Your voice: Join NGO’s design competition empowering Hong Kong youth; stop the toxic cycle of comparison (long letters)

  • One student writes about Lynker, the organisation she founded to uplift young people, and invites readers to compete in Redesign HK for prizes that include HK$10,000
  • Social media platforms like Instagram and Snapchat give people an unrealistic view of life and cause depression and anxiety, another teen says
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Quincy Leung, founder of student non-profit organisation, Lynker. Photo: Handout

Have something to say? Send us a letter using this Google form.

Are you losing heart? Join us and help make a difference

Quincy Leung, The Lawrenceville School (US)

With a mass exodus out of Hong Kong and a never-ending pandemic, it’s easy to feel hopeless about Hong Kong’s future. Some may wonder if the city is indeed doomed and if they too should be leaving.

Having studied abroad for the past three years, I’ve become more aware of the unparalleled features Hong Kong has to offer – the perfect blend of city life with the outdoors, the sense of safety enabled by low crime rates, the convenience of accessing diverse opportunities with ease, and much more.

Hong Kong has given me a lot in the time I have spent here, and it pains me to see the pervading sense of frustration and disillusionment among my peers.

In an attempt to change this, I founded Lynker, a non-profit group dedicated to upskilling and empowering Hong Kong youth. Initially, we focused on connecting them to job and internship opportunities.

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But we realised that equipping students with career skills wasn’t enough. The lack of hope they felt came from a complex tangle of factors, including an achievement-oriented culture and education system. Many students felt that their achievements defined what they were worth, and this limited what they felt they could go on to achieve.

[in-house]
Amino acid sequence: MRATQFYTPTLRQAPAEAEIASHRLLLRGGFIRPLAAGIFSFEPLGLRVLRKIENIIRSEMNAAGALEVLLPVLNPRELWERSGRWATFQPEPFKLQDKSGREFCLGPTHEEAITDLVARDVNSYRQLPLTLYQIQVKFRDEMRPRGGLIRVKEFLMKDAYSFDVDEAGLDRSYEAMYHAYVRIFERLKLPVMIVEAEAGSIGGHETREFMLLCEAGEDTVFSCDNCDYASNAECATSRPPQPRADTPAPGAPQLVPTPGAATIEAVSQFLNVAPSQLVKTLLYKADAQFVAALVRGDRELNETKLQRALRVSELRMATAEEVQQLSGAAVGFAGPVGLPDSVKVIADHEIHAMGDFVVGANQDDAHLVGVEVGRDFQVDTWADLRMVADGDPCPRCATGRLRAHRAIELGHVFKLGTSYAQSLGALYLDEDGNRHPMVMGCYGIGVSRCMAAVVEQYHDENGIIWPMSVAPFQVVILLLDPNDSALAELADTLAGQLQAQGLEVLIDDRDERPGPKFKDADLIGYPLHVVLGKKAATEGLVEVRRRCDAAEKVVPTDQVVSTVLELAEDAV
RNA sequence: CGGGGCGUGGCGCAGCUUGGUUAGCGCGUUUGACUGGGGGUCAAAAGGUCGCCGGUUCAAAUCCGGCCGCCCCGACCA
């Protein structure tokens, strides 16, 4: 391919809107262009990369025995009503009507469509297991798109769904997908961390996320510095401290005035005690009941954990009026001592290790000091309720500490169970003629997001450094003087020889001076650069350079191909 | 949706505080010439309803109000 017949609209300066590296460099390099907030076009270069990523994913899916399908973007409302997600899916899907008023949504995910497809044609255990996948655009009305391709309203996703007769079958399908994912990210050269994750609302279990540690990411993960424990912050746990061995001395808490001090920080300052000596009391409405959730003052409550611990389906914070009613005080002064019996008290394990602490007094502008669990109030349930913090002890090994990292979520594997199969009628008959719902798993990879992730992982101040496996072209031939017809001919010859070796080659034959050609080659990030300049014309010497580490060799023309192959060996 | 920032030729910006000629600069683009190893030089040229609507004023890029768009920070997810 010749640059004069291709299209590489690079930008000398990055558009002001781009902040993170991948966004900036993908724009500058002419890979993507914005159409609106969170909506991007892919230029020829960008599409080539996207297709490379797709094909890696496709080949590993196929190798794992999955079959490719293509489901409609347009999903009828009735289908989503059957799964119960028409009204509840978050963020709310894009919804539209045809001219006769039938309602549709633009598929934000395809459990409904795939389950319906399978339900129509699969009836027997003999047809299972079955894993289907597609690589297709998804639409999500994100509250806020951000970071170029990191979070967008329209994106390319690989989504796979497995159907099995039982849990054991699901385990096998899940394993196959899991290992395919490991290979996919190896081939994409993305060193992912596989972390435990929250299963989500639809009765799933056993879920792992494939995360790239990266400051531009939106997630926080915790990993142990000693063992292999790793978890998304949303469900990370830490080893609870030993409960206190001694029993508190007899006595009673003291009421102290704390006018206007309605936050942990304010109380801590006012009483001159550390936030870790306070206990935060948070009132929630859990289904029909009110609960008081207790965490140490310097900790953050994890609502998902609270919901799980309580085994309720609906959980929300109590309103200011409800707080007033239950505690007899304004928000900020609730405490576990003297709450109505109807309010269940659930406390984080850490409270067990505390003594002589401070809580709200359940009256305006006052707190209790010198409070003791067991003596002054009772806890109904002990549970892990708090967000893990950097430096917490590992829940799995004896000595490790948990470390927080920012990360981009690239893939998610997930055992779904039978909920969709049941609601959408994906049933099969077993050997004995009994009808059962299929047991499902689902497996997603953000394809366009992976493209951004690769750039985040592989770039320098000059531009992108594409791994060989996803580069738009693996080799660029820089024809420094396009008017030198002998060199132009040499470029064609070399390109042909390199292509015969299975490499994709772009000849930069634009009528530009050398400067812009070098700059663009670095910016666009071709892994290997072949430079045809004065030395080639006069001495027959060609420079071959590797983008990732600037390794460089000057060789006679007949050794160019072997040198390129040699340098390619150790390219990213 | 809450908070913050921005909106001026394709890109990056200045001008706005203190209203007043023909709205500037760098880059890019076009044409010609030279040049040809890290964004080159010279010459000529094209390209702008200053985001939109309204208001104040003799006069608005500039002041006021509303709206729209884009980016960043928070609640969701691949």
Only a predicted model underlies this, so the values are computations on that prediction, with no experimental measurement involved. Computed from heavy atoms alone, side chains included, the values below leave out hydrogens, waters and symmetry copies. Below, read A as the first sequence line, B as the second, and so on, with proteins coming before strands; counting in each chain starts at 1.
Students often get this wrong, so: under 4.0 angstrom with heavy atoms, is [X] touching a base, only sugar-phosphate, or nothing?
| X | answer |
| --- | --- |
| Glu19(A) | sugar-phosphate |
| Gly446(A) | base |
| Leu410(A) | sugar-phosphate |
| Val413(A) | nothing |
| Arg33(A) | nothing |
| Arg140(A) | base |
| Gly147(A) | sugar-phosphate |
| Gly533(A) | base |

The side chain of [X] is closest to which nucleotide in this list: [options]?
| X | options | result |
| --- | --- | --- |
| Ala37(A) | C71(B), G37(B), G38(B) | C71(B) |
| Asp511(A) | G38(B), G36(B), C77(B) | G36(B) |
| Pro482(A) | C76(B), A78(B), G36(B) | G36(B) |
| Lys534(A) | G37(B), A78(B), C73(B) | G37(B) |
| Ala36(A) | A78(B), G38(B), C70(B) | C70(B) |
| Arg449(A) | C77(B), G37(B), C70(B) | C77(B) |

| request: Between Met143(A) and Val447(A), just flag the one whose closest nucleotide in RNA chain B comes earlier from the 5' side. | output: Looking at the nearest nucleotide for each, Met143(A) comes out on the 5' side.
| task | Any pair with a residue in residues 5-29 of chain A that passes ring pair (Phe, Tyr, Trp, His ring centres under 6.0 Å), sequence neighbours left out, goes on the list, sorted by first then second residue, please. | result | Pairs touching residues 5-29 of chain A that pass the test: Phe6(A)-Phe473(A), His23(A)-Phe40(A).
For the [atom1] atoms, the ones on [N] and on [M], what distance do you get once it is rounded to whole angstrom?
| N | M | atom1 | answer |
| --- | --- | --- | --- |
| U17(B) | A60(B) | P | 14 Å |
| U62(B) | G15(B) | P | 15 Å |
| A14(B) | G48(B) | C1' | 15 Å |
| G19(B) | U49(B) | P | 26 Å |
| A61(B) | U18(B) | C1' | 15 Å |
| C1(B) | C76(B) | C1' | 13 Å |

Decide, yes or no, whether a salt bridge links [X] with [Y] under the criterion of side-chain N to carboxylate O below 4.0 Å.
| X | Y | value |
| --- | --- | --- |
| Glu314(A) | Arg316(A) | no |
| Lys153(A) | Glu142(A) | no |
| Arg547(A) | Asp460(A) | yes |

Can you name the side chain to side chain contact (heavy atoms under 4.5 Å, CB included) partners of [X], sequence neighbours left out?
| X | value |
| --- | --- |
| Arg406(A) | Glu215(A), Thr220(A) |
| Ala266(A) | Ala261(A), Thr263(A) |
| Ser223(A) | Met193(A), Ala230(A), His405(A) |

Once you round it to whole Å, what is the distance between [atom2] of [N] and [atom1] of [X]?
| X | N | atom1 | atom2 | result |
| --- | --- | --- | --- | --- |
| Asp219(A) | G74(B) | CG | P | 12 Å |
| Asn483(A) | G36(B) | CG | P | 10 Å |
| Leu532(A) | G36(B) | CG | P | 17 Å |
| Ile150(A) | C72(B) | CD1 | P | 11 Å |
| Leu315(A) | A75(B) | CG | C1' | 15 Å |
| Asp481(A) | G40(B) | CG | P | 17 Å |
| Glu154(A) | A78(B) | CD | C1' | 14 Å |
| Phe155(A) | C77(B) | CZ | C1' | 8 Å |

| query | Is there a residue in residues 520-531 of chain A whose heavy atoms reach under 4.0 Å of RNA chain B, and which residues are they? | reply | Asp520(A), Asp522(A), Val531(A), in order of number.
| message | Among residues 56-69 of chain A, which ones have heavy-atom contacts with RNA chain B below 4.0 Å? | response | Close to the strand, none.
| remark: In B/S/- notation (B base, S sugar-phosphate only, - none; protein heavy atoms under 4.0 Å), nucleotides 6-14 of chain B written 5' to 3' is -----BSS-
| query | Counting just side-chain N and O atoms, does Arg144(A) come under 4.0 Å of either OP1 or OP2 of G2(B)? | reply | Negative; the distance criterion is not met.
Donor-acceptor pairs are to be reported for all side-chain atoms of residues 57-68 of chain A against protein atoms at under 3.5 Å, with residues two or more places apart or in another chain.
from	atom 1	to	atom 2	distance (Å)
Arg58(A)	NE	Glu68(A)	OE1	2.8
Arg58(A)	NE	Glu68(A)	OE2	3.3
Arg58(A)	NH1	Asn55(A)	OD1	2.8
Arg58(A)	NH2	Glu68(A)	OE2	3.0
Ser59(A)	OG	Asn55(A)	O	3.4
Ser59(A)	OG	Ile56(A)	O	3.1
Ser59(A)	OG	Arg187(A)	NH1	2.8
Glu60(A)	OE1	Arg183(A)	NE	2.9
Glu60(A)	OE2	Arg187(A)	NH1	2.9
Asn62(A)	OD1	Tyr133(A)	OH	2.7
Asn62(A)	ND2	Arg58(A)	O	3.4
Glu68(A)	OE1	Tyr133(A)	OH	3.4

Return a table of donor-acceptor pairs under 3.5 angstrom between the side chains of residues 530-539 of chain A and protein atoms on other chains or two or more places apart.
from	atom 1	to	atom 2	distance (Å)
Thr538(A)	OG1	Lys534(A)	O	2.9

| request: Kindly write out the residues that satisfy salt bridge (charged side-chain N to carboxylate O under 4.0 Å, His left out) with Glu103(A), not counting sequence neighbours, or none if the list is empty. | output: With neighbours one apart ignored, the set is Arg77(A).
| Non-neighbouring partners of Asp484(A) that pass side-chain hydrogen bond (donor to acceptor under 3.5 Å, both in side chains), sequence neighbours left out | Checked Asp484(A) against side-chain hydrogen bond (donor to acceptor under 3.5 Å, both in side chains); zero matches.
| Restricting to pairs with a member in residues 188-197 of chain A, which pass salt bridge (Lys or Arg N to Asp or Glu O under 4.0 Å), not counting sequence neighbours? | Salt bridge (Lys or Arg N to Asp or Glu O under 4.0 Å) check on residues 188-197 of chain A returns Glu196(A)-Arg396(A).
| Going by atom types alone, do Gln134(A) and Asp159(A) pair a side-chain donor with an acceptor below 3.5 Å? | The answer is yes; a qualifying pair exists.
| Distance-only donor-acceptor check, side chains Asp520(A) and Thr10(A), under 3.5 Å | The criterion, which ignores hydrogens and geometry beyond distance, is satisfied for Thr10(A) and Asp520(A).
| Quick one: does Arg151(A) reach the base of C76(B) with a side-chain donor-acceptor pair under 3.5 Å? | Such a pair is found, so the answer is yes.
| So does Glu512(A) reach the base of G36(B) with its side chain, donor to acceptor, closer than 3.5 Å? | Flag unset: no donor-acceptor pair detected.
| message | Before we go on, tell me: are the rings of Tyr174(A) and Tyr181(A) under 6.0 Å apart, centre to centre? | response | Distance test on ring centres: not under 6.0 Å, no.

So we pivoted. Instead of solely helping students find jobs, we set out to develop their self-confidence and empower them to realise their aspirations.

In collaboration with the Society for Community Organization (SoCO), we ran coding workshops for underprivileged primary students which focused on using coding as a tool to express creativity. For older students, we worked on useful online resources, ranging from articles to webinars, and, more recently, a career exploration platform. Our hope is that these resources can help young people see all the possibilities out there and become more confident about their future.

Lynker coding workshop. Photo: Handout

Although we have a vision, we still don’t have everything figured out with Lynker. We’re constantly adapting as we try out different approaches, seeing what works, and more importantly, what doesn’t. What I know for sure is that Lynker will always be run by youth for youth, with the mission of helping young people lead more fulfilling lives.

Our newest initiative is Redesign HK, a design thinking challenge open to all secondary students. This idea was inspired by the fact that many young people care a lot about the community and want to make a difference, but don’t know where to start. There are social entrepreneurship competitions offering support, but the multitude of technical jargon and requirements can be discouraging.

Instead, Redesign HK is for any student who is interested in creating positive change and having some fun! Through a five-step design thinking framework, the challenge provides a structured approach for innovating solutions to real-world problems while allowing students to unleash their creative ideas. You can compete for prizes that include HK$10,000 and an all-expenses-paid trip to the Design Thinking Conference in Singapore. Head to our website to learn more.